Earlier in the book, we hear Job lamenting that “anyone born of woman is short of days and full of trouble. He blossoms like a flower, then withers; he flees like a shadow and does not last” (14:1). Job says “There is hope for a tree: If it is cut down, it will sprout again, and its shoots will not die. If its roots grow old in the ground and its stump starts to die in the soil, the scent of water makes it thrive and produce twigs like a sapling. But a person dies and fades away; he breathes his last—where is he?” (14:7-10).

So, Job asks God “If only you would hide me in Sheol and conceal me until your anger passes. If only you would appoint a time for me and then remember me. When a person dies, will he come back to life? If so, I would wait all the days of my struggle until my relief comes. You would call, and I would answer you.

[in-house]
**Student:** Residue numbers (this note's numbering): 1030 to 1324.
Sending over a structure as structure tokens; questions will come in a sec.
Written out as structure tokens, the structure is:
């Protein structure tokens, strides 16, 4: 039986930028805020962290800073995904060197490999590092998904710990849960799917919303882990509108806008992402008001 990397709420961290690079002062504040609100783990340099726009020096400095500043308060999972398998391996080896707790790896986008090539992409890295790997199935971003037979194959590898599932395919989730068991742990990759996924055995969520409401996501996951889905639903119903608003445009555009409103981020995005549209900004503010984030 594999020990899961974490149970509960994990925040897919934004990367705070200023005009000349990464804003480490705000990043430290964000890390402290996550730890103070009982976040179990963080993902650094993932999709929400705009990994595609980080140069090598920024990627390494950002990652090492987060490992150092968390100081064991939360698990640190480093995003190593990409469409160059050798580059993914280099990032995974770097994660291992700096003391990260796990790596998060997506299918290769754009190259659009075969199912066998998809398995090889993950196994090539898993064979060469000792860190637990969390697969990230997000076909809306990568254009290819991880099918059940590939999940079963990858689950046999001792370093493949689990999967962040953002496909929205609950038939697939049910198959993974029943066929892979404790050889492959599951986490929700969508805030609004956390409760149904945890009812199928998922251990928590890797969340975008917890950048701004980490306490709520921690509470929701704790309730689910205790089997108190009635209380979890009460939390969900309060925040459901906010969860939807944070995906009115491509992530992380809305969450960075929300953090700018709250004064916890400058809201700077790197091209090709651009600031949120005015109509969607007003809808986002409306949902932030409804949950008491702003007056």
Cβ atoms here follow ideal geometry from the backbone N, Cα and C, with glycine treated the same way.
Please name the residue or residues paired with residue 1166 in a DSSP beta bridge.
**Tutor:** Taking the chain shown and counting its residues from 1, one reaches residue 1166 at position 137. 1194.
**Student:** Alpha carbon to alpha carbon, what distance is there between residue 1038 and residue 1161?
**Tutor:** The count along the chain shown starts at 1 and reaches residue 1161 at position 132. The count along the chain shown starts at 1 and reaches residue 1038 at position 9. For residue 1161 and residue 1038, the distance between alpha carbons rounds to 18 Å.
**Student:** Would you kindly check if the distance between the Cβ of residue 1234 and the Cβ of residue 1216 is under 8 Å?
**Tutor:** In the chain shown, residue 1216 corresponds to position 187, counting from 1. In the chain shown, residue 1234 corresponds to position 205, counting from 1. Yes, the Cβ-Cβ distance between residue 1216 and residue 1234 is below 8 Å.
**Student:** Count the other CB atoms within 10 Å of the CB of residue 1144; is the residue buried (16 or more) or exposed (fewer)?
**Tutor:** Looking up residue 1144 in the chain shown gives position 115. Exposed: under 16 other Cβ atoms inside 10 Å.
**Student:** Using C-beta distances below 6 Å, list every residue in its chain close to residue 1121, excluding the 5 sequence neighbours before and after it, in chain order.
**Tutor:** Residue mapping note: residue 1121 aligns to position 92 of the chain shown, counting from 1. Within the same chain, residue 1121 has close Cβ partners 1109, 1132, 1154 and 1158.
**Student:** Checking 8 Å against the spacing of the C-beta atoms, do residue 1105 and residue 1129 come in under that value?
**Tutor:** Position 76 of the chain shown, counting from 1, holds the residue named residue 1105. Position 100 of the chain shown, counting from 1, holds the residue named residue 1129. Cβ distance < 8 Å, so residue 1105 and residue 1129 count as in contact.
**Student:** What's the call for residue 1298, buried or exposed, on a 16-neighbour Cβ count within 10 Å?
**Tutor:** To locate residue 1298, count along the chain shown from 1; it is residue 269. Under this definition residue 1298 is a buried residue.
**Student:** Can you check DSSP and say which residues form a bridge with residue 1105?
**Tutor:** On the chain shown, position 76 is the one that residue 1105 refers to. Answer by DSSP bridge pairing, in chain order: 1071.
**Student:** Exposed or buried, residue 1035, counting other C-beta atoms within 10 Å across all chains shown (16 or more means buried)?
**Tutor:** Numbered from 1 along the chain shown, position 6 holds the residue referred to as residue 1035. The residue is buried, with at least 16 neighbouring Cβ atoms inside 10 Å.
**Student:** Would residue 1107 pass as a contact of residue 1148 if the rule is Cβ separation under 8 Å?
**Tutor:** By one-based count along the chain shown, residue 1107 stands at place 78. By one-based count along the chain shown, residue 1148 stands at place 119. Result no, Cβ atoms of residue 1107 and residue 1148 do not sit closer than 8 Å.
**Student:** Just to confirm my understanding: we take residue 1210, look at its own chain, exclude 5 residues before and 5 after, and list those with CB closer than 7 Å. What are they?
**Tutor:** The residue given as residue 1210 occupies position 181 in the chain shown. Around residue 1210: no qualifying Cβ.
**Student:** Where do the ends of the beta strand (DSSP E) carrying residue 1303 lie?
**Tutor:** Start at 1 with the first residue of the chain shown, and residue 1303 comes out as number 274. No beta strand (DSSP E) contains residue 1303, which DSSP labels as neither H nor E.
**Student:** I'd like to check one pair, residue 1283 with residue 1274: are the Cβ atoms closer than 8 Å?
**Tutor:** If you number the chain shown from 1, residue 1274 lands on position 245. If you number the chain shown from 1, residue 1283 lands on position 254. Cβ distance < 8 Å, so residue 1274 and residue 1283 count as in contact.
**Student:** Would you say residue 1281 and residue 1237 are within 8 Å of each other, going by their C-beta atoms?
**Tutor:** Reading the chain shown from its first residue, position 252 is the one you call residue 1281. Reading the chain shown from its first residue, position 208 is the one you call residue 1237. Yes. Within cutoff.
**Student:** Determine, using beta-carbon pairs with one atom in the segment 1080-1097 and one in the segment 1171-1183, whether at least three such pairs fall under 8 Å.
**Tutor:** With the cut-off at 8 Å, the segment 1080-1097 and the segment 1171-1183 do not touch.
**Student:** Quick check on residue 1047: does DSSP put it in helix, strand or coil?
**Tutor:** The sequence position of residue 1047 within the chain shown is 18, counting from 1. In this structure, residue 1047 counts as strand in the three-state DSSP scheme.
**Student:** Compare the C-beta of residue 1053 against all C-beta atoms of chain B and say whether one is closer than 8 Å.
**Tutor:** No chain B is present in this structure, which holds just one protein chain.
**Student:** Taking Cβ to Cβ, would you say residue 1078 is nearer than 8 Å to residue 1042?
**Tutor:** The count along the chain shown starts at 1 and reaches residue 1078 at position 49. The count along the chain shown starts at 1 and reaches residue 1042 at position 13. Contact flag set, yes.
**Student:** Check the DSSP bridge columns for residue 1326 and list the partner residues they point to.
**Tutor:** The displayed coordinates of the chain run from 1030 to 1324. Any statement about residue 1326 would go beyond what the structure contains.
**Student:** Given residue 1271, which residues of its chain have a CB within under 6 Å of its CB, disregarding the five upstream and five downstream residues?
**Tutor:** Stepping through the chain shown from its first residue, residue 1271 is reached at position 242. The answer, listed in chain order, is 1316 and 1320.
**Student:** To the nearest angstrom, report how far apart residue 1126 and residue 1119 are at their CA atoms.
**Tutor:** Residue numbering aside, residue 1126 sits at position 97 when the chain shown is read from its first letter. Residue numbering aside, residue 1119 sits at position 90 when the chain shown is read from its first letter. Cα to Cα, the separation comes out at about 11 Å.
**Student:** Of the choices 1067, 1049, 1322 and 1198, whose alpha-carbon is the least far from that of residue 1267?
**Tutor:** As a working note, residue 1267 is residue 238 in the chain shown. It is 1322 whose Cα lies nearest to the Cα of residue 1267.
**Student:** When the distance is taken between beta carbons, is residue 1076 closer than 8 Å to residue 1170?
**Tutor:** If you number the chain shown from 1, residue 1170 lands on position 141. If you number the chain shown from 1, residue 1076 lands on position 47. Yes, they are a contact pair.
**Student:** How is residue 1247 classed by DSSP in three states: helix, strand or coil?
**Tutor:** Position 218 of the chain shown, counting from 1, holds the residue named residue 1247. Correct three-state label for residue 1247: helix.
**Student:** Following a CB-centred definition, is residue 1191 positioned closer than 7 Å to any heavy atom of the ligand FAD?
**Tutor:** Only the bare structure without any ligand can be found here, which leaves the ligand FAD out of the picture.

You would long for the work of your hands.” (14:13-15).

Job is a very old book, and there was not yet much solid content about the hope of the resurrection. But Job seems to be pulling that hope from somewhere with these words.

And then we come to today’s text a few chapters later.

Job wanted the world to know what God was doing in his life.

• “Oh, that my words could be recorded. Oh, that they could be inscribed on a monument, carved with an iron chisel and filled with lead, engraved forever in the rock” (Job 19:23-24 NLT).

Job was a man who was deeply misunderstood. So many bad things had happened to him that he was overwhelmed. He wished that he could make his case, and prove that all his suffering did not mean that he had failed God and was abandoned by him. He wanted to set the record straight, and to preserve the truth that his bad luck was not a judgment from God.

Job got his wish. His words were written down, and in the Bible of all places.

Now we know the rest of the story. We know that Job’s sufferings were not caused by his sin. They were a contest – a way of demonstrating his faith and faithfulness.